When it comes to contraception, you will notice that birth control pills are a widely used method. The pills have their own merits and demerits. But at the same time, you should be aware of how your period cycle may be impacted by them, especially in the long run. Approximately 4 out of 10 women who use progestin-only pills, one of the two main types of birth control pills, continue to ovulate, according to The American College of Obstetricians and Gynecologists. Research shows that about 40 per cent of women who take pills will eventually experience spitting at some point.
Spotting on birth control pills
Spotting is described as unusual vaginal bleeding that doesn’t coincide with your period and is mild enough that needs no protection like a pad. It can happen before and after a period. Spotting or bleeding in between periods can have many different causes, but it is one of the most frequent side effects of birth control pills, especially in the first few months of use. These episodes are also known as breakthrough bleeding. Since spotting is a common issue and can sometimes be a sign of underlying problems, you should keep a check on it.
To identify the impact of birth control pills on your menstrual cycle and why it causes spotting, Health Shots spoke to Dr Thejaswini J, Consultant – Obstetrician and Gynaecologist, Motherhood Hospitals, Electronic City, Bengaluru.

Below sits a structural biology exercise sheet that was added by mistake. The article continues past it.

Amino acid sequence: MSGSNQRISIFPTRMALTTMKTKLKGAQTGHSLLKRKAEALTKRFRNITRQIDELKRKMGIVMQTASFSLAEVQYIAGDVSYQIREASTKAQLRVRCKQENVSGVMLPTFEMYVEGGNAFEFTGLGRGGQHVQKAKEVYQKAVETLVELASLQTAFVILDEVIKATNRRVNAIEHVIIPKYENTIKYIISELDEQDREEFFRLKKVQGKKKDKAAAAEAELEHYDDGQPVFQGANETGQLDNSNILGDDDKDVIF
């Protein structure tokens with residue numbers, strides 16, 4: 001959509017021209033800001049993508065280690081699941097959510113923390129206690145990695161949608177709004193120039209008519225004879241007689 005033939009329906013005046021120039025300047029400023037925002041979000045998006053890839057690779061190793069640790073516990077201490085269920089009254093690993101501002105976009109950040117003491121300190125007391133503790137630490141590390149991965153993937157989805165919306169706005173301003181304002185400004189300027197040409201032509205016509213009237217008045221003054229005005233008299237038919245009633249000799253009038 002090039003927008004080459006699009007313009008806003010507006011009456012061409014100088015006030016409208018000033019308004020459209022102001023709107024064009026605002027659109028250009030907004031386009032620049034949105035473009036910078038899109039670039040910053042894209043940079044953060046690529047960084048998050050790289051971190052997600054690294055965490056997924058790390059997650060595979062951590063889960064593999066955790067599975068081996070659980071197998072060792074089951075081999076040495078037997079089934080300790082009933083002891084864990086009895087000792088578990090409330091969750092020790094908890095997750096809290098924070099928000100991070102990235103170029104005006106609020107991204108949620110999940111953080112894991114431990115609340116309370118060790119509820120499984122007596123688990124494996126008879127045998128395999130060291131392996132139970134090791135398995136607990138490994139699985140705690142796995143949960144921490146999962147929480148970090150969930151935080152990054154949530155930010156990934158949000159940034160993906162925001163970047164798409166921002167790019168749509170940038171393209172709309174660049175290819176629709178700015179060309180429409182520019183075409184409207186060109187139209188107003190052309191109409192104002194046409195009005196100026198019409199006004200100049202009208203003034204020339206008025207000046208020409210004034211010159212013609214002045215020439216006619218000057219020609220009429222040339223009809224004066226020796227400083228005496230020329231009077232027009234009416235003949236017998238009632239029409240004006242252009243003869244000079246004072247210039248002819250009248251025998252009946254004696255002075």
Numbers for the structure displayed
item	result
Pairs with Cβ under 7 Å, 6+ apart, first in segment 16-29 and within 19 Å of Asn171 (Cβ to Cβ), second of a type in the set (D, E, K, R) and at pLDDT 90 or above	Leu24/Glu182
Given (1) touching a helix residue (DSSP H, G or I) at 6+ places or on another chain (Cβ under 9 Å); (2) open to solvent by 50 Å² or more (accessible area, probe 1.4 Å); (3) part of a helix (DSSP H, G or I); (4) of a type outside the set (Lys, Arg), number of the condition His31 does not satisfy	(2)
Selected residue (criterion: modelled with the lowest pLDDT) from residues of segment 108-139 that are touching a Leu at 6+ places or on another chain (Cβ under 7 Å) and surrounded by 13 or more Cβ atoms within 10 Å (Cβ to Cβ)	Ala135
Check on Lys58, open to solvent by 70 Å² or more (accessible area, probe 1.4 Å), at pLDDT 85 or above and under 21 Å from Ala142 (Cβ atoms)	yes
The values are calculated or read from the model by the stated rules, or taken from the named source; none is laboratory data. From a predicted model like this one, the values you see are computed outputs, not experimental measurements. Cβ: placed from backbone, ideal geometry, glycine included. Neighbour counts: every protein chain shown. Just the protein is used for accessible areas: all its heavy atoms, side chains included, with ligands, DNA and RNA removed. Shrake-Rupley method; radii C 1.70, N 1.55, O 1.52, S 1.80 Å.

Dr Thejaswini says, “Most women do suffer spotting at some point throughout their period cycles. Ovulation spotting or light bleeding during the menstrual cycle is, therefore, a typical occurrence, but birth control medications, pregnancy, or health problems are often to blame.”
Is spotting between periods a common phenomenon while on birth control pills?
Yes, spotting between periods is a common occurrence due to birth control pills, especially during the initial months. According to Dr Thejaswini, spotting differs from woman to woman, some may witness merely a tinge of blood while few may experience heavy bleeding which lasts for a day or more. Most of the cases related to spotting do not pose any concerns however, it is essential to keep track of spotting especially if it is heavy or frequent.
Apart from spotting, there are many other significant ways in which your period cycle change due to birth control pills. A few of them are:
- Change in the cycle length and period duration due to estrogen and progesterone.
- If the pill is taken during the first three weeks of the monthly menstrual cycle, the onset of the period is sooner than anticipated.
- When the pill is taken in the fourth week of the cycle, periods start at the usual time for a longer duration.
Bleeding or spotting occurs one or two weeks before periods. The bleeding normally follows a consistent pattern for a few months until the body adjusts itself to the new hormone levels. After that, the bleeding eventually stops.
Risk factors of spotting
Spotting could more likely occur among women indulging in smoking and who aren’t consistent with their birth control pills. Other reasons may include infections such as chlamydia and gonorrhea. If spotting becomes extremely heavy or lasts for more than seven days, it is advisable to visit a doctor for further examination.